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January 30, 2012

Coding for Viral Hepatitis
For The Record
Vol. 24 No. 2 P. 27

Viral hepatitis is a group of viral infections that affect the liver. The most common types are hepatitis A, B, and C. It is the leading cause of liver cancer and most common reason for liver transplantation. According to the Centers for Disease Control and Prevention, 4.4 million Americans have chronic hepatitis, and 80,000 new infections occur each year.

Types of Viral Hepatitis
There are five main types of viral hepatitis (A, B, C, D, E), but types F and G are also being researched. As more research is done, it is likely that the alphabetical list will expand. All types of viral hepatitis are classified to ICD-9-CM category 070.

Hepatitis A: It is transmitted orally through food or water contaminated by fecal matter and may spread through the improper handling of food, contact with household members, sharing toys at day care centers, and eating raw shellfish from polluted waters. Hepatitis A is an acute condition that does not lead to chronic inflammation. Severity is usually mild, but it can cause acute fulminant hepatitis resulting in death or requiring a liver transplant. Assign code 070.1 for a hepatitis A diagnosis or 070.0 for hepatitis A with hepatic coma.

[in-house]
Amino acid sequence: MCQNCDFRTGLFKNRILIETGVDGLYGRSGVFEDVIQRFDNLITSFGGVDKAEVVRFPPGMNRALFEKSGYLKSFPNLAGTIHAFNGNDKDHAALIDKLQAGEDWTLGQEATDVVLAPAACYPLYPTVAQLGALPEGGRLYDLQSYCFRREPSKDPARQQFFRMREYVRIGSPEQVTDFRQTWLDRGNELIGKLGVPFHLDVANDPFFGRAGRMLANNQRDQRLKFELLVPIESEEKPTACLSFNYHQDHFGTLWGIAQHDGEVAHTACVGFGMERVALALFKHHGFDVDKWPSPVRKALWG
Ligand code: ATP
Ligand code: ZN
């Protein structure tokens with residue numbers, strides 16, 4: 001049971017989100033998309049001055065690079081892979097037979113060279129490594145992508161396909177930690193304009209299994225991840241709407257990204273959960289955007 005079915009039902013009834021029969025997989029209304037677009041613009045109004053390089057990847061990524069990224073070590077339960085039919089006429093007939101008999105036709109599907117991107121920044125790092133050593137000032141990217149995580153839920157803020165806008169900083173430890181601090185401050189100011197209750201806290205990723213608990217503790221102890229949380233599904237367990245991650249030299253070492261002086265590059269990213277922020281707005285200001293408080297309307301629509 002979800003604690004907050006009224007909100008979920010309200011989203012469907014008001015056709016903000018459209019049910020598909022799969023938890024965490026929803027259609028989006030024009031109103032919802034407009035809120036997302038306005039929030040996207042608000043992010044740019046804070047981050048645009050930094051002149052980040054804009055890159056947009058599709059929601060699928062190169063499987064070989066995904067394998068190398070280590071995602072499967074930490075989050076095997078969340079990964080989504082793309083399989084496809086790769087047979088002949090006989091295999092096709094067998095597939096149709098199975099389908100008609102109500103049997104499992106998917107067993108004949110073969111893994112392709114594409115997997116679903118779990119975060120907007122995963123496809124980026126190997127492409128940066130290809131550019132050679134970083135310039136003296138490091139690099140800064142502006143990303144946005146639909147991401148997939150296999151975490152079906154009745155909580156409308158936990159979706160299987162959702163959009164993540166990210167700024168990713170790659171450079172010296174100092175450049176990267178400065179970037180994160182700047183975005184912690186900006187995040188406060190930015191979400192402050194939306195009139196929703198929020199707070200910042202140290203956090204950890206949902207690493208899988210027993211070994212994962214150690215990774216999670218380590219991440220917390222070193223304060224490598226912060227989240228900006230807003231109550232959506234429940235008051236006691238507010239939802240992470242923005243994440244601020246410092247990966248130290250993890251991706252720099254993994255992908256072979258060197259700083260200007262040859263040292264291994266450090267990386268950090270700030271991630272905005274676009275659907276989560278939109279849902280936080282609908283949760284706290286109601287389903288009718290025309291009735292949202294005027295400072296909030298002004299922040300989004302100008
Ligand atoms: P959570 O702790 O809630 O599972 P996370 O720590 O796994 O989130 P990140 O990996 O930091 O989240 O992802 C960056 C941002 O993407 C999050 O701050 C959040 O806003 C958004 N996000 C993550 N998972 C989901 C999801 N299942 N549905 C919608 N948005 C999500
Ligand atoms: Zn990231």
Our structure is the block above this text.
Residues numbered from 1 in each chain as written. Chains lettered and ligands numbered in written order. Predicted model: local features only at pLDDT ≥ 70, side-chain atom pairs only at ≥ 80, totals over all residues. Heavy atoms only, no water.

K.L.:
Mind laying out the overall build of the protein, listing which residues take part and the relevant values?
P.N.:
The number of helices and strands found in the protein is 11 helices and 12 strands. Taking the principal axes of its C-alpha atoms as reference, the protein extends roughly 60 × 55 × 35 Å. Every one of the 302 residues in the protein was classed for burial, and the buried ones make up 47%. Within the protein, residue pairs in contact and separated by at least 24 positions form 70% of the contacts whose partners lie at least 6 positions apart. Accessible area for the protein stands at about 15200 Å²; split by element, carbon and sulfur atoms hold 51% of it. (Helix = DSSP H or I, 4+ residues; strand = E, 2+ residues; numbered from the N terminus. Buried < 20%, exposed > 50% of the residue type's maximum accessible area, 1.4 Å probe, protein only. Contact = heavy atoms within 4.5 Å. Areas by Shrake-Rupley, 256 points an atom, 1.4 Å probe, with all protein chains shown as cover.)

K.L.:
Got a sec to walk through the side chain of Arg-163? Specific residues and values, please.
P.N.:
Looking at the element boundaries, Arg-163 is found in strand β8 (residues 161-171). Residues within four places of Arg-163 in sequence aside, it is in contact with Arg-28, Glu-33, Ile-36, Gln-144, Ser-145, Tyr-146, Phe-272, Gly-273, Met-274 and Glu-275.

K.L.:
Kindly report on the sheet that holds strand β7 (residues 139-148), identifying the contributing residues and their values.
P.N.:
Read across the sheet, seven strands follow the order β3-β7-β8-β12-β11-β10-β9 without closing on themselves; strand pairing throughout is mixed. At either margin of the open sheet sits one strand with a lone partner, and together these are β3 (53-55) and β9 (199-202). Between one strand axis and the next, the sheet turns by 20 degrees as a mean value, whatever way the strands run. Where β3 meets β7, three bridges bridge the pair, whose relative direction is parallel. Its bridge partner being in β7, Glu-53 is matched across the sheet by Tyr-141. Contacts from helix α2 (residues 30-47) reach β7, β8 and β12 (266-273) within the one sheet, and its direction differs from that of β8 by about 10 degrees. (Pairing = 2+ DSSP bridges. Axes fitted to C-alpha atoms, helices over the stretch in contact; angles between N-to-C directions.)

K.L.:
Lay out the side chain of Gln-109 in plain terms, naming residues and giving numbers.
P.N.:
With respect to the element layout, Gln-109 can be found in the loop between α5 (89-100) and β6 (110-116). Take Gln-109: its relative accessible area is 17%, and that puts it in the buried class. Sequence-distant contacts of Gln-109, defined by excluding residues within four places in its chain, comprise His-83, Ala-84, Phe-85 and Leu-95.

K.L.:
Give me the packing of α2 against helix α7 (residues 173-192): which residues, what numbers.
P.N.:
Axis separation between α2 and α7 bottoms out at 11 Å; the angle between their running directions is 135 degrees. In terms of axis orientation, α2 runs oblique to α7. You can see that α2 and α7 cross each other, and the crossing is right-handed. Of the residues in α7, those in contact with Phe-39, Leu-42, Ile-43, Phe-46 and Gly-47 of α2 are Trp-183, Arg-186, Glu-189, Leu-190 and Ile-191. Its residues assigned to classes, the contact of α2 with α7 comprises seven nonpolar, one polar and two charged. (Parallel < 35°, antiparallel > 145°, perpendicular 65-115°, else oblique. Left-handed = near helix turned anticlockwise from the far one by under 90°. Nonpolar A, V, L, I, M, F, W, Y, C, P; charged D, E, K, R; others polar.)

Hepatitis B: It is most often transmitted percutaneously via body fluids and exposure to blood products. It is spread through sexual contact, blood transfusion, or exposure to an infected person’s blood through cuts, open sores, needle sticks, razor sharing, tattooing, and ear/body piercing tools. It may also be spread from mother to infant at birth. Severity is often severe with a moderate level of progressive chronicity and may cause cirrhosis, liver failure, or liver cancer. Hepatitis B is classified to the following codes:

• 070.20, Acute or unspecified hepatitis B with hepatic coma;

• 070.22, Chronic hepatitis B with hepatic coma;

• 070.30, Acute or unspecified hepatitis B without hepatic coma; or

• 070.32, Chronic hepatitis B without hepatic coma.

Hepatitis C: It is transmitted primarily by needles shared among drug abusers, blood transfusion, hemodialysis, and needle sticks. It is rarely transmitted by sexual contact. It is considered moderately severe with the potential to become chronic and therefore may result in cirrhosis, liver cancer, or liver failure. Hepatitis C is classified to the following codes:

• 070.41, Acute hepatitis C with hepatic coma;

• 070.44, Chronic hepatitis C with hepatic coma;

• 070.51, Acute hepatitis C without hepatic coma;